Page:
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You will rise or fall by your judgment, because an impartial judgment in relation to this matter must restore access to the committee process by all people on an equitable basis. What is proposed by Mr Moore and supported by the Liberals in this case does not provide for that.

MR HUMPHRIES (3.55): Mr Speaker, the arguments put forward by Mr Berry are almost so nonsensical as not to require any rebuttal, but I will give them the benefit of a short rebuttal. First of all, Mr Speaker, paragraph (10), if it is removed, will conflict with paragraph (1) of the motion, which actually establishes what the membership of that committee will be. Mr Berry is maintaining that in some way - - -

Mr Berry: But it is in conflict with standing order 221.

MR HUMPHRIES: Not at all. By having paragraph (10) there, if there is deemed to be any conflict with standing order 221, it is removed by virtue of paragraph (10). If paragraph (10) comes out, then is Mr Berry arguing that somehow the composition of that Planning and Environment Committee will be different from the one mentioned in paragraph (1)?

Mr Berry: It has to be.

MR HUMPHRIES: In that case, you should amend paragraph (1) too, because paragraph (1) says that it should consist of Mr Moore, a Government member, an Opposition member and a Green. So, if you think there is some problem, you should amend that paragraph as well, not do the job half-heartedly.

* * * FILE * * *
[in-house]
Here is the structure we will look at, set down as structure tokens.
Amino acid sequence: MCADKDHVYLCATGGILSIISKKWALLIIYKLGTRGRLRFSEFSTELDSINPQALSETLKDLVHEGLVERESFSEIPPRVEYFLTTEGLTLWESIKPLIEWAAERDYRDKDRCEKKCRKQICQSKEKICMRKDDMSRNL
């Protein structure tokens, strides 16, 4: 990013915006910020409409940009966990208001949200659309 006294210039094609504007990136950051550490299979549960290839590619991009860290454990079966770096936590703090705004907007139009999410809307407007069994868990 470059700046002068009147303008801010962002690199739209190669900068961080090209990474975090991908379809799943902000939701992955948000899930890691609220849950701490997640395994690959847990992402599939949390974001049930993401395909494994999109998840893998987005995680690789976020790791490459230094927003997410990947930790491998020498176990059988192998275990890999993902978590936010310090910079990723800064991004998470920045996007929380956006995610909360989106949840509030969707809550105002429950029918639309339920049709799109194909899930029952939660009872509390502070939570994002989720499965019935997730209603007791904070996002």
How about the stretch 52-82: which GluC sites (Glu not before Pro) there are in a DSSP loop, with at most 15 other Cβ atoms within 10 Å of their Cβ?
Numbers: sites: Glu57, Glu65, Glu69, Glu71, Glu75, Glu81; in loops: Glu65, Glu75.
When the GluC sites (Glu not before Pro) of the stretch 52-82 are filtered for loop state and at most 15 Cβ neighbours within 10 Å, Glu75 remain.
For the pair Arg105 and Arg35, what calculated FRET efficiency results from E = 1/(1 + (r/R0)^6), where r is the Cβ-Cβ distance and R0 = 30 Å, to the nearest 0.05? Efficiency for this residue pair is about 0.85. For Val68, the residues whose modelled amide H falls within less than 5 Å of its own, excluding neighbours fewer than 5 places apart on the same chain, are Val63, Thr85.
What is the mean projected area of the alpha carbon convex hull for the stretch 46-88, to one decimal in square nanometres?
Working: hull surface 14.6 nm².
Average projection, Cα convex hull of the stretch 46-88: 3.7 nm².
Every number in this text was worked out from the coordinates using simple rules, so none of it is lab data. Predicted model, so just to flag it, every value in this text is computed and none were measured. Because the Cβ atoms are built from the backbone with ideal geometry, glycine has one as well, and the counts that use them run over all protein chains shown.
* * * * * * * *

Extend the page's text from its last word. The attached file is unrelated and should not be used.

Mr Speaker, let me say also that this is a very strange accusation coming from the Labor Party. There is no question that they should not have membership of any committee of the Assembly. They will have membership of every committee of the Assembly. The claim that in some way their influence is reduced because they, like those on this side of the house, have one fewer member than was the case in the past is very strange indeed. It is proportional to what happened before. There is some slight improvement in the position of the crossbenchers on this committee; that is true. But, in case Mr Berry had not noticed, there is now one more member of the cross bench than there was before the election. It is appropriate, therefore, in some small measure, that that larger role for the cross bench in this place be acknowledged. That is why this motion seems to me to be appropriate, and to exclude paragraph (10) would make no sense at all.

MS FOLLETT (Leader of the Opposition) (3.57): Mr Speaker, there is a very important principle at stake here, and that principle is that the committees are the province of the Assembly, not of the Government. It is the Government today that is trying to manipulate not only the composition of committees but also the very number and nature of those committees. The Government is doing that because it has the active collusion of Mr Moore and Mr Osborne. I grant that Mr Osborne still has the L-plates on; but Mr Moore knows exactly what he is doing, and it is indeed a manipulation of the Assembly's processes and a manipulation of one of the most fundamental principles that this Assembly ought to respect. The Assembly has authority over the Government,

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